This volume, one of the most comprehensive studies of language change in any southern city, presents an in-depth examination of the linguistic patterns of the residents of Charleston, South Carolina, an area that claims one of the most distinctive dialects in American English. In the process of regionalization, Charleston has undergone a linguistic revolution unseen for any other dialect of English studied to date, in which the traditional dialect has been replaced with a very different type of linguistic system. The new system remains distinct from most other southern dialects. This study traces the retreat of the traditional features with a sample of one hundred speakers, aged eight to ninety, across social classes. The best-known features of the traditional dialect - a lack of distinction between /ihr/ and /ehr/, as in beer and bear, and ingliding and monophthongal long mid vowels /e:, o:/, as in take and goat - have now largely disappeared.Social class and age are important factors in the linguistics of the Charleston area.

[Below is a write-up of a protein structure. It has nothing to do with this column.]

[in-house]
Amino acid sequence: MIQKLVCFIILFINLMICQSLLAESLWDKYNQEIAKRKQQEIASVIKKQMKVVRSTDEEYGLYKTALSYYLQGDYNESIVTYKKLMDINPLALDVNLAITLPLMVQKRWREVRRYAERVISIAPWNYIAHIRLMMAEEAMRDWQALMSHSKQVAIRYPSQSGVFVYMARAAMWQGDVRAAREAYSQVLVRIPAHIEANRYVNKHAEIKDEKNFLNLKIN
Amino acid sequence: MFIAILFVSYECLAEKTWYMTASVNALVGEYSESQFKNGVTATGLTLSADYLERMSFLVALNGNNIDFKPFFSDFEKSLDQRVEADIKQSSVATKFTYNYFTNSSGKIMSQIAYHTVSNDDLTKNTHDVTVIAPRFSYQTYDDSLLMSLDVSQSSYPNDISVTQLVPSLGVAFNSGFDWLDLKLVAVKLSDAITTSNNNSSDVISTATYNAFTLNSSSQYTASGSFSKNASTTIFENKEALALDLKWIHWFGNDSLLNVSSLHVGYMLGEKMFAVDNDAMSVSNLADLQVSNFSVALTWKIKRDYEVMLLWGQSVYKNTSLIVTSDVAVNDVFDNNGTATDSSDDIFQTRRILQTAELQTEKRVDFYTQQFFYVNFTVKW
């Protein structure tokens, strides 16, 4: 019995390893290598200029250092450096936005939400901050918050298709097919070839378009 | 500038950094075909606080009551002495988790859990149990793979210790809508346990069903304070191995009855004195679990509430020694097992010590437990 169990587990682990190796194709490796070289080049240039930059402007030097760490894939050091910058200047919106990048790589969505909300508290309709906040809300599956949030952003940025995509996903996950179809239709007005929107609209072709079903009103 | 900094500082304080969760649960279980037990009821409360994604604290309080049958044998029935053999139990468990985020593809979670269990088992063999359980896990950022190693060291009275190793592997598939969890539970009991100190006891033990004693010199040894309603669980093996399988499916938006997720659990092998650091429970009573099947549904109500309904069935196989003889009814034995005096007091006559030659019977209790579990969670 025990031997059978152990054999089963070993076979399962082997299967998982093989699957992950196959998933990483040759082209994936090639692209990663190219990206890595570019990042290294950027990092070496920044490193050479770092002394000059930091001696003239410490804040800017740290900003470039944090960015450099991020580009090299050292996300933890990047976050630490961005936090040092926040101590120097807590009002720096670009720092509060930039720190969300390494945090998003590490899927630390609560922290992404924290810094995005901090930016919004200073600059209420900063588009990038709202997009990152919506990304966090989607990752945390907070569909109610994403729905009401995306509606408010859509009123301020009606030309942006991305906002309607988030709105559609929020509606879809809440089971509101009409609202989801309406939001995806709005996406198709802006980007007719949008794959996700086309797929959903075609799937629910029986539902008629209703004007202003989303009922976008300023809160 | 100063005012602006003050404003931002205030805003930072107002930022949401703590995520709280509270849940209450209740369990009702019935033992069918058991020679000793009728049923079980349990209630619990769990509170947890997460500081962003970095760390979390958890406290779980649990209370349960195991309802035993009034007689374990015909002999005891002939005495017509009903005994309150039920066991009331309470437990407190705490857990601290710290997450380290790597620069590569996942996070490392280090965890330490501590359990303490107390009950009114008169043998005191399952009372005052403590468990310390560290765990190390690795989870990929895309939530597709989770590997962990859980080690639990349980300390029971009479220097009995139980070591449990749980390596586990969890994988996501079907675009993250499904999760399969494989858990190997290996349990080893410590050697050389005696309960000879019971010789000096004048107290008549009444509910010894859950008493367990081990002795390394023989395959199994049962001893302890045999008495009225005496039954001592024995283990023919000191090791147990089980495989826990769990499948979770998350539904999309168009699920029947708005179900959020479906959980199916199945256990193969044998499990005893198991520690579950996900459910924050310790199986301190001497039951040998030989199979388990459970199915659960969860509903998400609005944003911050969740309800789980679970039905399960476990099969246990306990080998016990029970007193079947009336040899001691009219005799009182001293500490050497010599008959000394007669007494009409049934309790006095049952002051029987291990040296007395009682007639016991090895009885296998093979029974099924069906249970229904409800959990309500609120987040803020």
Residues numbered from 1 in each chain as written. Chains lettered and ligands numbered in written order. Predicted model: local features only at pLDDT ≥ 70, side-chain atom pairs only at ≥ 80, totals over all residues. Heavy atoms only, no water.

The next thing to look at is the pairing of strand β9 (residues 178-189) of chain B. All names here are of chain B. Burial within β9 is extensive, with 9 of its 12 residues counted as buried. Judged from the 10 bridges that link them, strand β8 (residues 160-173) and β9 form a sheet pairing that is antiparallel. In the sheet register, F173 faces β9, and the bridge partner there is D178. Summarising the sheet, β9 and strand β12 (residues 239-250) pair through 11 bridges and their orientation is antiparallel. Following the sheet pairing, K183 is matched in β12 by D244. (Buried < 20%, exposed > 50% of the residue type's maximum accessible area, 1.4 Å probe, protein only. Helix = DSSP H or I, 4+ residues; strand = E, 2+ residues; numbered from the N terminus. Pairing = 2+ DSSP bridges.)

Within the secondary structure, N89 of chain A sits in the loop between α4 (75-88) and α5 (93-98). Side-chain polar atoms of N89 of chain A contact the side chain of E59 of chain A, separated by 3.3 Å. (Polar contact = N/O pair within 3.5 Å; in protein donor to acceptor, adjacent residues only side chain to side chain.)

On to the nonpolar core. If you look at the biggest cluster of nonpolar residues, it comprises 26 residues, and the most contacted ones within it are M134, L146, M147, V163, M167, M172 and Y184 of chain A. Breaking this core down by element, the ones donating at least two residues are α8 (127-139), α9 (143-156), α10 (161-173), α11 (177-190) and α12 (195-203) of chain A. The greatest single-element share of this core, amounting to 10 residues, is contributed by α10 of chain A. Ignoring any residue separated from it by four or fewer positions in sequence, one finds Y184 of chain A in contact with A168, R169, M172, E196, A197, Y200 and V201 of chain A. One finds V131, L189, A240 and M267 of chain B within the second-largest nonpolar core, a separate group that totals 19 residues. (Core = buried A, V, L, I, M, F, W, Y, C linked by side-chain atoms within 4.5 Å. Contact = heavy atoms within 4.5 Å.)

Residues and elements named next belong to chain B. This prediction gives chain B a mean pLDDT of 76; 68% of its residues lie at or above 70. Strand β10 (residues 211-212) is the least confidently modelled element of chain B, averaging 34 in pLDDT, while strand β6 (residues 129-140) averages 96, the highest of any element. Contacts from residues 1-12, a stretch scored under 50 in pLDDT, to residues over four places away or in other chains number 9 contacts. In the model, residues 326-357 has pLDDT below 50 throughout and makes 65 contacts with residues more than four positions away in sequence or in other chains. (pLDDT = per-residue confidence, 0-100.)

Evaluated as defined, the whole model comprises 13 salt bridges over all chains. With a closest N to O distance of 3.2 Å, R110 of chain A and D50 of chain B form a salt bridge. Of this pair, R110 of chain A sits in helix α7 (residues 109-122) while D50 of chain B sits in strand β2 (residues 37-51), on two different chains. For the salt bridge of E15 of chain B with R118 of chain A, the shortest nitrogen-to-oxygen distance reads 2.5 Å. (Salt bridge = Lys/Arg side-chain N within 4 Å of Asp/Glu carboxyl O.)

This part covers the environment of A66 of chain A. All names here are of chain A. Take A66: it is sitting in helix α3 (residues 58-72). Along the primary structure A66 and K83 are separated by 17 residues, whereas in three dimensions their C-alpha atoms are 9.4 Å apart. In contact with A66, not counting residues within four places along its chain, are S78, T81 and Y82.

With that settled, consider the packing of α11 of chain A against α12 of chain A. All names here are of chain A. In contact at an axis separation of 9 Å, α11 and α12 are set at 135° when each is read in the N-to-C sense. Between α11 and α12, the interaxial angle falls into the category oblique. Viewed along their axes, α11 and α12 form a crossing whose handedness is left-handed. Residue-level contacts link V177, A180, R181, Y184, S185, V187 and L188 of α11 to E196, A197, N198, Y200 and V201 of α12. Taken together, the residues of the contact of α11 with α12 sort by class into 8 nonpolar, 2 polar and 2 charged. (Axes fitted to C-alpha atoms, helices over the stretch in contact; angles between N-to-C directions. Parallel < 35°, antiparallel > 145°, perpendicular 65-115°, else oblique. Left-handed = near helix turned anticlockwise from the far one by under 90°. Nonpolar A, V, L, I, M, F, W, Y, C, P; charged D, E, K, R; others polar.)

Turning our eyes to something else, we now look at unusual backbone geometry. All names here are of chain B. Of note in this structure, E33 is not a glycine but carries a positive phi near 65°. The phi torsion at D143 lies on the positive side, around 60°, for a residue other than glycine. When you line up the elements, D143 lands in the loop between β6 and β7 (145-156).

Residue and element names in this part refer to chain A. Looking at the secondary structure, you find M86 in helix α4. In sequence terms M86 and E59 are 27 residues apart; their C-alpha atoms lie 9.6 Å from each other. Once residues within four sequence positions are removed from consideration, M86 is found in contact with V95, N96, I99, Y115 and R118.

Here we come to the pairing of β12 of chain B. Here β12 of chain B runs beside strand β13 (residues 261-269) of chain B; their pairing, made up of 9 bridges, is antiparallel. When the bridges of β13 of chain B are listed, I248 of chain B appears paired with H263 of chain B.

While some older Charlestonians still have the back and ingliding /ow/ vowel, as in goat and so, younger speakers, particularly those in the highest-status social group, show very advanced fronting of this vowel. This volume is organized chronologically, moving from traditional speech into the distinctively different linguistic style that has emerged.